Malt extract is a great ingredient for beginners and seasoned homebrewers alike. Let’s look at what it is, how it’s made and how you can make the most of your homebrew using our Liquid Malt Extract range.
What is malt extract?
According to the American Homebrewer’s Association, malt extract can be defined as “concentrated sugar extracted from brewing-grade malted barley.” It comes in both liquid or dry form - liquid malt extract (LME) has a similar consistency to molasses whereas dry malt extract (DME) is like a fine powder.
The types of malt extract differ depending on the grains that are used when making it. Here at Mangrove Jack’s, we have four LME’s; Light, Dark, Amber and, our newest addition, Wheat.
How is liquid malt extract made?
The process of making malt extract is very much like the start of an all-grain brew day. In simple terms, it is made by mashing and concentrating wort. Grains are mashed in the usual way in order to create wort, which is then heated gently, causing the water content to evaporate. The result is a concentrated thick syrup.
This process of concentrating the wort via heat causes the wort to darken. The wort is often placed under a vacuum so that lower temperatures can be used to remove the excess water.
What makes liquid malt extract so great?
Malt extract is great for beginner homebrewers as it makes producing beer much faster in comparison to the all-grain method. It also eliminates some of the variables like hitting mash temperatures and volumes. For more experienced brewers, it can be used to supplement sugars and flavours and assist in reaching target gravity if your brew has fallen short.
Many brewers will make beers from just malt extract or malt extract with steeped specialty grains to add extra colour and flavour. Malt extract beers can be brilliant and have proven, at many competitions, to be capable of competing with all-grain beers.
How can liquid malt extract be used?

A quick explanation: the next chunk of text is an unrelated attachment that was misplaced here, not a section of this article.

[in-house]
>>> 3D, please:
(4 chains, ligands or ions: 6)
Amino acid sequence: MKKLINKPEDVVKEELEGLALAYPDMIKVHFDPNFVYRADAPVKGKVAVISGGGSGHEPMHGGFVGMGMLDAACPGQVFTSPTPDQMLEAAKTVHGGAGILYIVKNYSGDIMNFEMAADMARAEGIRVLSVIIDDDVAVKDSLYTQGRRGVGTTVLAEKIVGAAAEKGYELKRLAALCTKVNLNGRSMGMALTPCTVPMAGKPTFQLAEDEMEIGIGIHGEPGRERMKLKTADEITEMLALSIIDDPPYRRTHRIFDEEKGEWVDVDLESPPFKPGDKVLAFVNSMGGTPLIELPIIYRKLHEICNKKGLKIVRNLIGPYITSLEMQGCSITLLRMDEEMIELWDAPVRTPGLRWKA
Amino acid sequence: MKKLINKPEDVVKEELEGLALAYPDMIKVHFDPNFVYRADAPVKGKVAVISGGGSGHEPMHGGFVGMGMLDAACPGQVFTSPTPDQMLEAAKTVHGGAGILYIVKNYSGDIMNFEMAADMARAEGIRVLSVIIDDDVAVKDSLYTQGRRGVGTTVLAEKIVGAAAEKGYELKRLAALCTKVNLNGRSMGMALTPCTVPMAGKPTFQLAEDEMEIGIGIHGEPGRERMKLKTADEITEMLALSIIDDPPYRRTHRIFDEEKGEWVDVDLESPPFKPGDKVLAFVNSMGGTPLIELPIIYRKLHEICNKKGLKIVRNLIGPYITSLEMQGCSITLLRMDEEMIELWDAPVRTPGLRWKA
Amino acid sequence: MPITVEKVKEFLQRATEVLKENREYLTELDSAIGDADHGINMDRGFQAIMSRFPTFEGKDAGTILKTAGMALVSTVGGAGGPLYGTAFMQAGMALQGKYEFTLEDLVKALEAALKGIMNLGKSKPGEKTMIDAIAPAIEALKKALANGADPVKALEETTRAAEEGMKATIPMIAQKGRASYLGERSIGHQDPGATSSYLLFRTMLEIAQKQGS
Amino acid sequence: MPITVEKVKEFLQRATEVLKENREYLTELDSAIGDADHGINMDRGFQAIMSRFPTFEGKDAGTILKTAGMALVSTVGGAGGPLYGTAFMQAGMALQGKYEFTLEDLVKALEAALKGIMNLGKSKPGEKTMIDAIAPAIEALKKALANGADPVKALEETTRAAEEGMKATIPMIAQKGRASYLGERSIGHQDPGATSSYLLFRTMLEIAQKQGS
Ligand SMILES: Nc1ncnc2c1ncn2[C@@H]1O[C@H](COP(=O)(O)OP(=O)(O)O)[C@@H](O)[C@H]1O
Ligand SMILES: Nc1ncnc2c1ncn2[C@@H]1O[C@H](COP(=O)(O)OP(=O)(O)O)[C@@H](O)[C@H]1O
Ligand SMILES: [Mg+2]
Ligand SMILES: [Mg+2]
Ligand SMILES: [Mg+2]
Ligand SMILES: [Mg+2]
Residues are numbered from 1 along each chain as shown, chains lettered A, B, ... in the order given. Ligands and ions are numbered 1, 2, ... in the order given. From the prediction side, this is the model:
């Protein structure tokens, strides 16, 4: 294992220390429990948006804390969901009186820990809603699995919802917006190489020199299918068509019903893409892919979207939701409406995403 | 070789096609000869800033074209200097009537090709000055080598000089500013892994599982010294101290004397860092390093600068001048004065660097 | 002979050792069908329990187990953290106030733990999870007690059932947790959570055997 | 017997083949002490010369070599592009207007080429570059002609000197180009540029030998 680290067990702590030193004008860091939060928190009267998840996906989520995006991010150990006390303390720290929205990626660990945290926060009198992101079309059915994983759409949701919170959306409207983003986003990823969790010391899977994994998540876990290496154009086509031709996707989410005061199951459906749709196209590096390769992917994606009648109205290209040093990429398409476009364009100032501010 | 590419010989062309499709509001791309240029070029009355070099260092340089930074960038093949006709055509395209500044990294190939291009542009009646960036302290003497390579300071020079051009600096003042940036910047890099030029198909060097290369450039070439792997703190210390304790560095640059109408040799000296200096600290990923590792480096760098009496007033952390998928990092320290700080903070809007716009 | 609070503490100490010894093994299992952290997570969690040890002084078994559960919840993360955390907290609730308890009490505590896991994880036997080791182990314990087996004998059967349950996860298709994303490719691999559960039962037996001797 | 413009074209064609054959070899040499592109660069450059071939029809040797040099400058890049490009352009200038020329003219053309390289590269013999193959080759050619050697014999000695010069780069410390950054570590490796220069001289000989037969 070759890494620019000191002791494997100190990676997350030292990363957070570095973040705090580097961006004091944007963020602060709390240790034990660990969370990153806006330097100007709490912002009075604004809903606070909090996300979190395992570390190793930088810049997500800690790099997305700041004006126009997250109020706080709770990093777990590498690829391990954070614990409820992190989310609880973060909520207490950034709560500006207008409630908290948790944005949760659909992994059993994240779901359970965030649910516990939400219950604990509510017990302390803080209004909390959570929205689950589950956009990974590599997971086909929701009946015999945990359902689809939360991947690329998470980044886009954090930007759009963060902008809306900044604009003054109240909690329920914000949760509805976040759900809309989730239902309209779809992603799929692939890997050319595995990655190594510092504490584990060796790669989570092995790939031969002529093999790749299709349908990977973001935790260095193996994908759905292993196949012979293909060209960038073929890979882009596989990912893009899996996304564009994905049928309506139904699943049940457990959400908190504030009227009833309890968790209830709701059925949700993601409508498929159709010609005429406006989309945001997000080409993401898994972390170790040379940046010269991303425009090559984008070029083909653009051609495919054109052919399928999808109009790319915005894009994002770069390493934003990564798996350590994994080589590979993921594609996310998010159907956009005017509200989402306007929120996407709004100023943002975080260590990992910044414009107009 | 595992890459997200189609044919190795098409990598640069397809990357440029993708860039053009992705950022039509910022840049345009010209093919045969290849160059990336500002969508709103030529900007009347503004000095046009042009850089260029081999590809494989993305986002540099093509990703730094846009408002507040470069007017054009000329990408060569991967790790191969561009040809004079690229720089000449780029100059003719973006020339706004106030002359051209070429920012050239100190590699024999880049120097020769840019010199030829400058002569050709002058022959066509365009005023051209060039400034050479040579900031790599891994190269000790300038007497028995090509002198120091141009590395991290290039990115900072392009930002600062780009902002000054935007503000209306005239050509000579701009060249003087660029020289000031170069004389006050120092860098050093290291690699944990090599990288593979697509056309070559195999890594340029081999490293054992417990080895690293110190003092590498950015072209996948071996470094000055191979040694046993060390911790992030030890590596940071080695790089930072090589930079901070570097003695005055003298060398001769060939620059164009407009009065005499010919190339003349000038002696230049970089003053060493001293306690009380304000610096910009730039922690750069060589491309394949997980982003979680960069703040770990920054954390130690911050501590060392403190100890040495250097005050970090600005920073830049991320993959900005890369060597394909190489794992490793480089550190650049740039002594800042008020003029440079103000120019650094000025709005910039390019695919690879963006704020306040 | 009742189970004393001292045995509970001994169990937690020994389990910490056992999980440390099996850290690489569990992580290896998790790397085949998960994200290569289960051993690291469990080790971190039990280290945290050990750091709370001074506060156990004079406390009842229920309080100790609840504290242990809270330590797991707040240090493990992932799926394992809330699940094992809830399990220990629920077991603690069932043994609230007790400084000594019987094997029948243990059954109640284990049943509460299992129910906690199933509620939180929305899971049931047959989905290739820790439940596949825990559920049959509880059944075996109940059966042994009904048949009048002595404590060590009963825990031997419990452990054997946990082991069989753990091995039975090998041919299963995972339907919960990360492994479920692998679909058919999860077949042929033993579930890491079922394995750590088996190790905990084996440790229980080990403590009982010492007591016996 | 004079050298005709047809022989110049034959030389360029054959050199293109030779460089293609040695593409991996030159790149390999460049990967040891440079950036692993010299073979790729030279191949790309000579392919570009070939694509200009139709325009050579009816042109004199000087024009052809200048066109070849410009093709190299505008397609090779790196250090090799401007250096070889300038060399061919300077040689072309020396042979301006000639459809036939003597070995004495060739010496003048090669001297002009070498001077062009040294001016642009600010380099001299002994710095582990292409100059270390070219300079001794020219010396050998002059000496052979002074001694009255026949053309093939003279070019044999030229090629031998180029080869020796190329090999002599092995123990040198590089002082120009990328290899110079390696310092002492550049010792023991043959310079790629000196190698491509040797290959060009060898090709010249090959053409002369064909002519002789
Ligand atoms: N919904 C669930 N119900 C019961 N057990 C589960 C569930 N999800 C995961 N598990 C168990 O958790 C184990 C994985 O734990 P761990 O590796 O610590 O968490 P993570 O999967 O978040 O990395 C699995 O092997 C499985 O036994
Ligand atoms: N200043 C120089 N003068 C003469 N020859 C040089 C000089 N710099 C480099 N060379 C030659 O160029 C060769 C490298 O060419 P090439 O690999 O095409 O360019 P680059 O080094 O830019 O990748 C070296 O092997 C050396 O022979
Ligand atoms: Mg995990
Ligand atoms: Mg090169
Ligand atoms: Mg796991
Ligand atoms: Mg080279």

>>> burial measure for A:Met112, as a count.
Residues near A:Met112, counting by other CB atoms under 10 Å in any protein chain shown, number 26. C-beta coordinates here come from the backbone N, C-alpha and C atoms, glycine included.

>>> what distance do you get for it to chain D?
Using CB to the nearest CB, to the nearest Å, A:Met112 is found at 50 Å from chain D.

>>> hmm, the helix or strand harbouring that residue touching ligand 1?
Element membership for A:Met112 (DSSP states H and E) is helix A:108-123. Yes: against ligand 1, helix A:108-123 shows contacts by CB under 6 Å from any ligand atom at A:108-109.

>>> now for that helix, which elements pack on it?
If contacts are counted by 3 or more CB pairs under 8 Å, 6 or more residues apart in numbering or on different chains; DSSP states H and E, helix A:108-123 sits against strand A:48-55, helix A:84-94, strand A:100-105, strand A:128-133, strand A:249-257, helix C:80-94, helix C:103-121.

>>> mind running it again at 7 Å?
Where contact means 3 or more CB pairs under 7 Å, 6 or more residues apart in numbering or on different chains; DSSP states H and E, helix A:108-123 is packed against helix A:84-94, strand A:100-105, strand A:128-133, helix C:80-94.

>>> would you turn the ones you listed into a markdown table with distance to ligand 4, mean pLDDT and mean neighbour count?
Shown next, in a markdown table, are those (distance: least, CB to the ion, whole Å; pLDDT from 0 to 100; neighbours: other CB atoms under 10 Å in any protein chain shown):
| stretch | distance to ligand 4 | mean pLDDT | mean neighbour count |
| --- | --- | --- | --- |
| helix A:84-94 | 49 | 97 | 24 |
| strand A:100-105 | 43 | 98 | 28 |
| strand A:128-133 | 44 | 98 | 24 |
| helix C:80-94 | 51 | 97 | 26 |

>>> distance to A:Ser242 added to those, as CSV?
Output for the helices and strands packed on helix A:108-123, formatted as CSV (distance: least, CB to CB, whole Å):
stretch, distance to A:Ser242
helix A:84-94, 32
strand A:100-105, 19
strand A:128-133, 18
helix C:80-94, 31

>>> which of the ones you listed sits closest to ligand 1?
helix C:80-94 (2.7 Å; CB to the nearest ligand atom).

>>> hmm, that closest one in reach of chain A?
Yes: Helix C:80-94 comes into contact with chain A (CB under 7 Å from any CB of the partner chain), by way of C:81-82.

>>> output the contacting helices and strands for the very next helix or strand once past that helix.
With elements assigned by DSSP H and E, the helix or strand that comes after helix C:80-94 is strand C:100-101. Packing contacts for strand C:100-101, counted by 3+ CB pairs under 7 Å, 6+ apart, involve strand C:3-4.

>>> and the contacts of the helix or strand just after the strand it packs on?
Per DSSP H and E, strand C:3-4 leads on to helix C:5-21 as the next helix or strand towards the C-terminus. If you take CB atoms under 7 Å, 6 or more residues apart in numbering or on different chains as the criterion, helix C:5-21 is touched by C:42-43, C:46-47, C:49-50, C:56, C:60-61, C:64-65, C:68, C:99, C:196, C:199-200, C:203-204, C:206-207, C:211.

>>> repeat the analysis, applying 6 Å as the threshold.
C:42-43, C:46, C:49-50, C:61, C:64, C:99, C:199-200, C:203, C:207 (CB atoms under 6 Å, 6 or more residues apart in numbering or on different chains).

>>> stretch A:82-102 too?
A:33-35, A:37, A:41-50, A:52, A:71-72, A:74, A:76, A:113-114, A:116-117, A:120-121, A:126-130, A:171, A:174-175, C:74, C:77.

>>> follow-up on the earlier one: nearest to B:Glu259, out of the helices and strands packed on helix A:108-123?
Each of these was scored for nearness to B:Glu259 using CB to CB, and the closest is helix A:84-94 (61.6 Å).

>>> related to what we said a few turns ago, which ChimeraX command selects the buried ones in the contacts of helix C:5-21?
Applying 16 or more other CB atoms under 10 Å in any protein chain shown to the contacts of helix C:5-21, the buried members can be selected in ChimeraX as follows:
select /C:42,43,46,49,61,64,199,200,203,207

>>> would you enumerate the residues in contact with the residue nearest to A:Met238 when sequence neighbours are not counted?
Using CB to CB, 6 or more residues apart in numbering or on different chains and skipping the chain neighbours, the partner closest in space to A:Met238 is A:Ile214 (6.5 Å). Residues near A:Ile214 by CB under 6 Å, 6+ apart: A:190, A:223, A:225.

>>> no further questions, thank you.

There are many reasons to keep some malt extract present in your home brewery. Those reasons include;
Making a Yeast Starter
A yeast starter is basically a very small batch of wort used to grow enough viable yeast cells to ferment your beer from a liquid yeast pack. By using a starter you are trying to ensure a healthy fermentation, avoiding problems like off-flavours or a slow start, leaving your wort susceptible to spoilage organisms.
Making a yeast starter with malt extract makes life much easier for brewers as it means that you don’t need to create the wort from scratch (having to mash your chosen grains for an hour) every time you want yeast to pitch. Instead, you can heat water, add your malt extract, boil this mixture, cool it to pitching temperature and then add your yeast. You also won't need to add yeast nutrient like you would if you used dextrose to make a starter.
Adjusting Gravity Mid-Brew
For many of us, brewing can be a ‘see what you get’ exercise. We plan our recipe, we know how we would like it to turn out but then on the day it’s in the hands of the homebrew gods as to whether we hit those numbers or not. It doesn’t have to be like that though. With a little bit of planning you can make adjustments to your gravity during your brew session. This is where it can really come in handy to have some malt extract on hand.
If you’re an all-grain brewer, you may choose to have malt extract in the brewery for those days when you want to brew but just haven’t got the time for a full mash/sparge/boil/cooling stage. What is simpler than an extract or part grain brew-day? It can produce great beer too (if you follow your normal good practices) and is a great way to keep your stocks up between all-grain brew days.
Next time you brew, why not try one of our Liquid Malt Extracts to boost your brew!
To view our full range of Liquid Malt Extract, click here. If you have any questions or comments let us know in the comments section below or email us at email@example.com.